What is the treatment available for COVID-19? Is treatment for the disease available on Lanai?

Currently, there is no approved standard treatment, only experimental treatment. This can be risky for some individuals, and side effects can be serious in some cases. Supportive care can be provided on Lanai, but in much worse cases, critical care off island could be required — for example needing to be in the ICU on a ventilator.



Keep checking the following reputable sites for the latest resources and information on preventing the spread of COVID-19 in Hawaii:
Centers for Disease Control and Prevention
Hawaii State Department of Health
Maui County


Letter from Dr. Janikowski

Lanai still has no documented COVID-19 cases. Now is the time to be MORE VIGILANT. If we wait until we start having positives, which we anticipate will happen, that will be TOO LATE.

I am imploring everyone on Lanai to step up their game. This request is coming from me not only as a physician living and practicing on Lanai for nearly 11 years, but also from the public health perspective as I have an MPH (Master’s Degree in Public Health) from the University of Michigan.

I realize that a number of community members are already taking appropriate precautions. In order to protect yourself, your family, your friends, and the community at large; everyone needs to:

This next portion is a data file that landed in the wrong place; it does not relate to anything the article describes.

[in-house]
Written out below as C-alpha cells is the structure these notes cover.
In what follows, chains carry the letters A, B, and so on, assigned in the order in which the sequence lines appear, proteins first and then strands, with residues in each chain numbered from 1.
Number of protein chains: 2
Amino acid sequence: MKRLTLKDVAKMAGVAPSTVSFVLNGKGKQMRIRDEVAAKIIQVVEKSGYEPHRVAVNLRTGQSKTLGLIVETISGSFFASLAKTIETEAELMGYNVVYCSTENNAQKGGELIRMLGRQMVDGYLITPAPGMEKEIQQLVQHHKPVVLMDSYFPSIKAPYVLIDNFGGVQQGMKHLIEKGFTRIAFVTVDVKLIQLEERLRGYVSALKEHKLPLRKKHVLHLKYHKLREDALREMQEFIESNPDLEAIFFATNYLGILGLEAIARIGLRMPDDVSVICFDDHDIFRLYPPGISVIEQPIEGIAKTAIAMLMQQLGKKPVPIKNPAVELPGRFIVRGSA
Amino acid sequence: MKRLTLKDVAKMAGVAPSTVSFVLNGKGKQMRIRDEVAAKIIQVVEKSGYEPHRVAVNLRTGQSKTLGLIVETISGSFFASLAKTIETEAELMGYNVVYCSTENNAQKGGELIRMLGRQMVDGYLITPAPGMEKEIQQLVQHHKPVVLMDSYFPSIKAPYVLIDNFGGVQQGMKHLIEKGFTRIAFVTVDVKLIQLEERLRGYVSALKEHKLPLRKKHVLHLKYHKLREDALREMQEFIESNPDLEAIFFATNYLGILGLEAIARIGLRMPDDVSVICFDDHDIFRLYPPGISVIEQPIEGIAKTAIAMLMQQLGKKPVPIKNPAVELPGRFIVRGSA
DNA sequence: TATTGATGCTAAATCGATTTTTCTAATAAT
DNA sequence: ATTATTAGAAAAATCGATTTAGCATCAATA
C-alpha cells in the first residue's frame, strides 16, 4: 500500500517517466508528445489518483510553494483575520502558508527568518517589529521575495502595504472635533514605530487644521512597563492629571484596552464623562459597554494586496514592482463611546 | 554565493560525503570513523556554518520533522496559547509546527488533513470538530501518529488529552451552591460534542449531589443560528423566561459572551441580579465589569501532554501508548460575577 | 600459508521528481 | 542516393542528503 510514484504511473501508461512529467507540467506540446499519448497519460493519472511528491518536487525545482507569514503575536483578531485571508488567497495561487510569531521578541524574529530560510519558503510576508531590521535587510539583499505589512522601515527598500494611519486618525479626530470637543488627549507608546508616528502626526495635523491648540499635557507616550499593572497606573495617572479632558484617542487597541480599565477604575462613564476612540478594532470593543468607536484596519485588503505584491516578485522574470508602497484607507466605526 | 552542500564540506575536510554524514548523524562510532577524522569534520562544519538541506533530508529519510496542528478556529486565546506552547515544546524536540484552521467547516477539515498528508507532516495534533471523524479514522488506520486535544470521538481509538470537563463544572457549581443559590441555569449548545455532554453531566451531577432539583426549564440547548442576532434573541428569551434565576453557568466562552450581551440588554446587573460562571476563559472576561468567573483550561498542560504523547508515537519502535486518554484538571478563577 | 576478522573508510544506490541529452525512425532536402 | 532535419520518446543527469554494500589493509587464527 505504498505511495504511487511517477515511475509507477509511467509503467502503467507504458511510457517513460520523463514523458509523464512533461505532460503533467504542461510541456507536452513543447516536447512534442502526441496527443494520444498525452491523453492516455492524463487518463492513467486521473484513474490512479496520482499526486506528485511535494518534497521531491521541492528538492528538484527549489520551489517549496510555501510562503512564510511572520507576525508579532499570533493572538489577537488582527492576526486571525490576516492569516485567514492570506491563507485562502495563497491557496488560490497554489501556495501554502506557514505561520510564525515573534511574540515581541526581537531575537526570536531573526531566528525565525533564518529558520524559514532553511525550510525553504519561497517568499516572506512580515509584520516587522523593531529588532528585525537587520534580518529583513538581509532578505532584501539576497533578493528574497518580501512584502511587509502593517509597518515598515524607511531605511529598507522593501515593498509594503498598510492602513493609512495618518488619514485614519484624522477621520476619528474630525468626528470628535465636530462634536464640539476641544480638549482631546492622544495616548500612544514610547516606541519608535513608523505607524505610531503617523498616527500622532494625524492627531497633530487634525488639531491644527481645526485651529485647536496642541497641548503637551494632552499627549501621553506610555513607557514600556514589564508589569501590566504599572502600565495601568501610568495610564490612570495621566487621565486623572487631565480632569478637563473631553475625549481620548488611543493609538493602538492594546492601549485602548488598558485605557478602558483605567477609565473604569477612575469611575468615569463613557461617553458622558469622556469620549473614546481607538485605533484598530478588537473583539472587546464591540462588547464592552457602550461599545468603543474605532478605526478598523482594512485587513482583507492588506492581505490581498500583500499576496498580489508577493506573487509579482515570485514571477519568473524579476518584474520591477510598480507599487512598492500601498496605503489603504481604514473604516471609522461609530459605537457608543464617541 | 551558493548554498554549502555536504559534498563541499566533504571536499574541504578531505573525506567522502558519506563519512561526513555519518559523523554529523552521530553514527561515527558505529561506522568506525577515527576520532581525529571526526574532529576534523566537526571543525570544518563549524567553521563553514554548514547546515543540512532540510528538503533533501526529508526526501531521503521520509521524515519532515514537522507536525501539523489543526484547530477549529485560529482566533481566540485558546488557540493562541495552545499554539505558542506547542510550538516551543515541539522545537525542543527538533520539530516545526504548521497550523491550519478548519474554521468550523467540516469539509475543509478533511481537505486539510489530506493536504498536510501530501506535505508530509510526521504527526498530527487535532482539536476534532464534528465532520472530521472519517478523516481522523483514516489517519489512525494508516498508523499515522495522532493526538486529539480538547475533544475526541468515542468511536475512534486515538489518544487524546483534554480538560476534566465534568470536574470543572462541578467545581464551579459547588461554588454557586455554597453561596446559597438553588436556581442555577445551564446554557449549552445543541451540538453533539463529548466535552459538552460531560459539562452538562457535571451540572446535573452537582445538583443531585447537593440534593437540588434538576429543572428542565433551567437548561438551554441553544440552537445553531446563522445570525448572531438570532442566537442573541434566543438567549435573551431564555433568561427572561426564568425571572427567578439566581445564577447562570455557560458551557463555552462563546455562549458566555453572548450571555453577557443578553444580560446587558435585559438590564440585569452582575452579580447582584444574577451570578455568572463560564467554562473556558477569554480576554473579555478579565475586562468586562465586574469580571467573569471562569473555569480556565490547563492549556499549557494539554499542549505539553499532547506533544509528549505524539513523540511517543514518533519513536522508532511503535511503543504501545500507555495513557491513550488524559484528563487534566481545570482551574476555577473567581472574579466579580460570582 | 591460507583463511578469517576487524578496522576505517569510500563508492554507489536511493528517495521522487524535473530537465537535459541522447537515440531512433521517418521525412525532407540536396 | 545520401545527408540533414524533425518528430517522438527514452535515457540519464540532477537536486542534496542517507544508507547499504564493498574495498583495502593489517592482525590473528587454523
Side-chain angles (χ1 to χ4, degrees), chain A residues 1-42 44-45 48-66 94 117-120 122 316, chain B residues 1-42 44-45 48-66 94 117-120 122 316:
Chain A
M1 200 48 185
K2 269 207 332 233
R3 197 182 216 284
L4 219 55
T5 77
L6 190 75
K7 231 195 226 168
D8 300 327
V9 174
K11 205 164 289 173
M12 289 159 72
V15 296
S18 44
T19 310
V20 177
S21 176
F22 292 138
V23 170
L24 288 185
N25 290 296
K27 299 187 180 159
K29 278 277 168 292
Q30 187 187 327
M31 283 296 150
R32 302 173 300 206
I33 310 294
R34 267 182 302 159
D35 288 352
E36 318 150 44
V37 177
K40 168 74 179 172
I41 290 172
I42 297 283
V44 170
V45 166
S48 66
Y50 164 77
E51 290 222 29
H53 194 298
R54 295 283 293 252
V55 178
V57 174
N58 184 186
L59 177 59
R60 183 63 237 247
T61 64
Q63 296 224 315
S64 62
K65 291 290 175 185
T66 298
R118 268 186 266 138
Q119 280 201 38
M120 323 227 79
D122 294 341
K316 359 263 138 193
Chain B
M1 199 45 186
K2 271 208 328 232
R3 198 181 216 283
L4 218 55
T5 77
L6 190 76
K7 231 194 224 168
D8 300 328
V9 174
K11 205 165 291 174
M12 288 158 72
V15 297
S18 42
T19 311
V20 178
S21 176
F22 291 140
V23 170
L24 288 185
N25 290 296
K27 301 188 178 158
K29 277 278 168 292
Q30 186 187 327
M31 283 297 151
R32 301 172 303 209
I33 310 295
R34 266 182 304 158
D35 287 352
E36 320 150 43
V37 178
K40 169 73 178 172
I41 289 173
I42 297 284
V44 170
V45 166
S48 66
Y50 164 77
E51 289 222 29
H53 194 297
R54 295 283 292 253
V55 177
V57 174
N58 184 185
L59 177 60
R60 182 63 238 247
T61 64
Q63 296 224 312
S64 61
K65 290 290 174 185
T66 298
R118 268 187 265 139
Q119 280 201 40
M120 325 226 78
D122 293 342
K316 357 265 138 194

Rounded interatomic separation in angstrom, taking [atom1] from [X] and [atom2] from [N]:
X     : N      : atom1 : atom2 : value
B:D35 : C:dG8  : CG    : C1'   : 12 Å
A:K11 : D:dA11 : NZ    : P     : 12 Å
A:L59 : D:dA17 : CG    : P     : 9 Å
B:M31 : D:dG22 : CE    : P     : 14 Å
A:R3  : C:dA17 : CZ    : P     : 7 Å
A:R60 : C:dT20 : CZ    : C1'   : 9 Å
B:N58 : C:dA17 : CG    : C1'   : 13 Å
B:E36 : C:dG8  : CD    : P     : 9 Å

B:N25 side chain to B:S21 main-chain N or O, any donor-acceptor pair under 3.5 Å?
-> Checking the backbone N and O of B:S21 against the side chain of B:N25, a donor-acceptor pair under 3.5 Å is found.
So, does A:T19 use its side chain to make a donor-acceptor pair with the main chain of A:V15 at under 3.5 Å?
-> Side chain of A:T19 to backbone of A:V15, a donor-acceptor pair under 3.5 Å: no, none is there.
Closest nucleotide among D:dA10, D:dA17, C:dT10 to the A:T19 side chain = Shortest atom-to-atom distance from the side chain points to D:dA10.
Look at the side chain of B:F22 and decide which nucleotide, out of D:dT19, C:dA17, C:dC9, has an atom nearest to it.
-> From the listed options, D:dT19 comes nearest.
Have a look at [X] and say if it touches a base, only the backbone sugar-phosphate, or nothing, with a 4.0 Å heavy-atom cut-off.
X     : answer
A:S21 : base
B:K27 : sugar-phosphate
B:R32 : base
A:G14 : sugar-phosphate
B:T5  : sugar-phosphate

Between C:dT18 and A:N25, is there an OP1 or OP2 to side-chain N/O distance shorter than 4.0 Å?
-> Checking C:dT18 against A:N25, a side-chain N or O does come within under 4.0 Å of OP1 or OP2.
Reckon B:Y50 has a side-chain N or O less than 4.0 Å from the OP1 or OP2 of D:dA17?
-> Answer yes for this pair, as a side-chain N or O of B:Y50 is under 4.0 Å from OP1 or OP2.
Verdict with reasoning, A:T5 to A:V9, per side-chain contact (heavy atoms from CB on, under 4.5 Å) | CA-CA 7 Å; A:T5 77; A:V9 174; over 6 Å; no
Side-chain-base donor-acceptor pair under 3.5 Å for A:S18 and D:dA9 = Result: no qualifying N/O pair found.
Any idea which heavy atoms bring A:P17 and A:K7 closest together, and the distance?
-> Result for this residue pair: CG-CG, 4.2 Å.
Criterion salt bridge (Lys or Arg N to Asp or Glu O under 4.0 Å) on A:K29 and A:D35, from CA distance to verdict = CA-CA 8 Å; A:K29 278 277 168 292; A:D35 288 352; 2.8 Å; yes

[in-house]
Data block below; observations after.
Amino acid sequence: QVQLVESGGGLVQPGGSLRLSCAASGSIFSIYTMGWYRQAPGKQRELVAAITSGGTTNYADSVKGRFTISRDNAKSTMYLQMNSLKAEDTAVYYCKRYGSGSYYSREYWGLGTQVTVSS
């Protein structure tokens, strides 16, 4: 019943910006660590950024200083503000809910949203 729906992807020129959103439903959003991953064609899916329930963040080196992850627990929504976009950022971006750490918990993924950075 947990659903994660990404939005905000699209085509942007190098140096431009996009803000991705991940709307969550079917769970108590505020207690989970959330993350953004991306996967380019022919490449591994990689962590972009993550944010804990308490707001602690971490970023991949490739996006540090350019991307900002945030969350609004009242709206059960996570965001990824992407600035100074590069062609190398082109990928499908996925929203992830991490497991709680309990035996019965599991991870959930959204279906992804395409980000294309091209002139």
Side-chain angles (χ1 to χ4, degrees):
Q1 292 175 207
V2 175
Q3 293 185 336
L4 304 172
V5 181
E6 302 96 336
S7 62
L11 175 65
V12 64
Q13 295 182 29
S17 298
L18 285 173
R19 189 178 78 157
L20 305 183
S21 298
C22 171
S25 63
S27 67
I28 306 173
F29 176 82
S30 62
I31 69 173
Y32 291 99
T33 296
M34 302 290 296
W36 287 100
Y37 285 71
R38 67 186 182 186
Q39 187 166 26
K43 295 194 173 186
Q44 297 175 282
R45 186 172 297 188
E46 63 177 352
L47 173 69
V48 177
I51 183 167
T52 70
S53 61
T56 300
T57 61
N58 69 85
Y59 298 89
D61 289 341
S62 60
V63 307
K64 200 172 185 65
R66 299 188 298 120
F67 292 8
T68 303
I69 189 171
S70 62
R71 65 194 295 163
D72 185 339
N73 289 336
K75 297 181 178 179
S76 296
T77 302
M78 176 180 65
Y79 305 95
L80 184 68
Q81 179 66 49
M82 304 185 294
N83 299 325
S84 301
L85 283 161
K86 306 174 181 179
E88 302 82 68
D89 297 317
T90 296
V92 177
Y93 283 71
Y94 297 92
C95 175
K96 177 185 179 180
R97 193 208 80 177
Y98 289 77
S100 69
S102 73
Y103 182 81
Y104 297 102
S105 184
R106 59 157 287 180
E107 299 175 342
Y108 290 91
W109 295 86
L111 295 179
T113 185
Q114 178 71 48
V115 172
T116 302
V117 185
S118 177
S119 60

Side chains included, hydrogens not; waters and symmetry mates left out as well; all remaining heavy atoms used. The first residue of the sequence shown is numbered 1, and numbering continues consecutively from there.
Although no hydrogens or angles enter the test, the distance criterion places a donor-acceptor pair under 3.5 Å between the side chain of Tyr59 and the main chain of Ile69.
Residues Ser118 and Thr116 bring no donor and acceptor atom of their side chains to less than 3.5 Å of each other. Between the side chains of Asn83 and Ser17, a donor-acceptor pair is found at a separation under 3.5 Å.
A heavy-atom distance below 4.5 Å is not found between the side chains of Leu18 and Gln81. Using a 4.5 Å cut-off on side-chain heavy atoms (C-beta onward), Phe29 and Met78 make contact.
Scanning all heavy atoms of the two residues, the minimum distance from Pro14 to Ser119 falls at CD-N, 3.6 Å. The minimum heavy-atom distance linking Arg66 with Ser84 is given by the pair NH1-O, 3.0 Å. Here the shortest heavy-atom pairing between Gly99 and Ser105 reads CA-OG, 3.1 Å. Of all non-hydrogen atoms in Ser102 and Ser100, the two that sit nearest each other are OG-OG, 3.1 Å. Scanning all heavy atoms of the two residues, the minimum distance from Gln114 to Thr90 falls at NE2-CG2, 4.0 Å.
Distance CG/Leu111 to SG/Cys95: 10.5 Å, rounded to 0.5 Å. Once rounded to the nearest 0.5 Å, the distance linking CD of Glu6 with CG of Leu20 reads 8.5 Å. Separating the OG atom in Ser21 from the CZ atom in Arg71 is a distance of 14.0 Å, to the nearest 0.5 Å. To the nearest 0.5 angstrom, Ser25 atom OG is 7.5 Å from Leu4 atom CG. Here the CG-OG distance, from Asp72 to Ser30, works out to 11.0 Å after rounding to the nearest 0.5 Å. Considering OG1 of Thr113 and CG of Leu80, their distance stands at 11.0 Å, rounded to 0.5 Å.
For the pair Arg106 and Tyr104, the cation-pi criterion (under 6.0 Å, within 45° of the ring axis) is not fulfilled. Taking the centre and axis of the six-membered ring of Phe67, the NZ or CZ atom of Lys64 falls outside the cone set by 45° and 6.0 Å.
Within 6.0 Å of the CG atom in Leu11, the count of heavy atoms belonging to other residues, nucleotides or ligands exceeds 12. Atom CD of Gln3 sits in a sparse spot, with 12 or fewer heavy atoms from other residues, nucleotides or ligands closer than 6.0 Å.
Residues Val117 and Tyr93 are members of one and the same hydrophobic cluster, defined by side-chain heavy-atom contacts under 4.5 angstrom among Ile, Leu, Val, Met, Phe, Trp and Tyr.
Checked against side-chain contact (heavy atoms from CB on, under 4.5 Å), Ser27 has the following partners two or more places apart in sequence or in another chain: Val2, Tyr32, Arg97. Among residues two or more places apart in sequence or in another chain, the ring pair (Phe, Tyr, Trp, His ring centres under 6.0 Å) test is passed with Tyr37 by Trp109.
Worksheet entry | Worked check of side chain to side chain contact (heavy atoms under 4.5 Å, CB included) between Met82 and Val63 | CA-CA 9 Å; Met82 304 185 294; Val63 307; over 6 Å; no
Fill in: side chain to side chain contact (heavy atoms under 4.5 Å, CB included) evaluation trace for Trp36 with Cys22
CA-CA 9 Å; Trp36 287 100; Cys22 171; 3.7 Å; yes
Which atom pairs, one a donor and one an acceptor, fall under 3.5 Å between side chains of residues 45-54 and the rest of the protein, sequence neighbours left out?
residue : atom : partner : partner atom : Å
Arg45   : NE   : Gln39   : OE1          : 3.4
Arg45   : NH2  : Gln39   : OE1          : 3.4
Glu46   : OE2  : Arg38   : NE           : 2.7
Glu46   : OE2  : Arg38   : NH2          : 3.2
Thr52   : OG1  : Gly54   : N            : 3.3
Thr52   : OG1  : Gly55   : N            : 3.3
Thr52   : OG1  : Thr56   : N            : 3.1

1. SOCIAL DISTANCE by maintaining a minimum of 6 feet and do not congregate in groups.
  2. WASH HANDS often and for at least 20 seconds. This simple task could save your life.
  3. AVOID DANGEROUS ACTIVITIES that could result in an ER visit. The ER may be overwhelmed and does not need preventable injuries. The ER may have COVID-19 patients and you don’t need to be exposed.
  4. WEAR A MASK, SCARF or BANDANA when out in public. I see a lot of people already doing this, but we need 80-90% compliance if we want to flatten the curve. I protect you by wearing my mask. Please protect me by wearing yours.
  5. EXERCISE is good for your physical and mental health. In your home or your yard is the best place. If you are walking, running or jogging outside of your yard, it is best to do it alone or with only one other person (while maintaining a 6 foot separation).
  6. SHOP ALONE so only one person from the family is out. Make a list (preferably to include several days to a week’s worth of items). Go in, get the items and check out.
  7. PHARMACY Call to check if your Rx is ready before going to pick it up.
  8. DON’T VISIT FRIENDS or FAMILY. Even if you are all healthy appearing, we know that asymptomatic or pre-symptomatic people can spread the virus. Call, text, email or use other social media instead of face-to-face.
  9. STAY HOME except for essential reasons. Make sure it’s a bona fide essential reason. Going to the store only to buy a candy bar or some ice cream is NOT essential.

The ONLY way we will minimize the number of positive cases is if we all take this seriously. Think of it this way: Would you rather spend a couple weeks with these restrictions or a couple weeks in the hospital on a ventilator?

John Janikowski, DO, MPH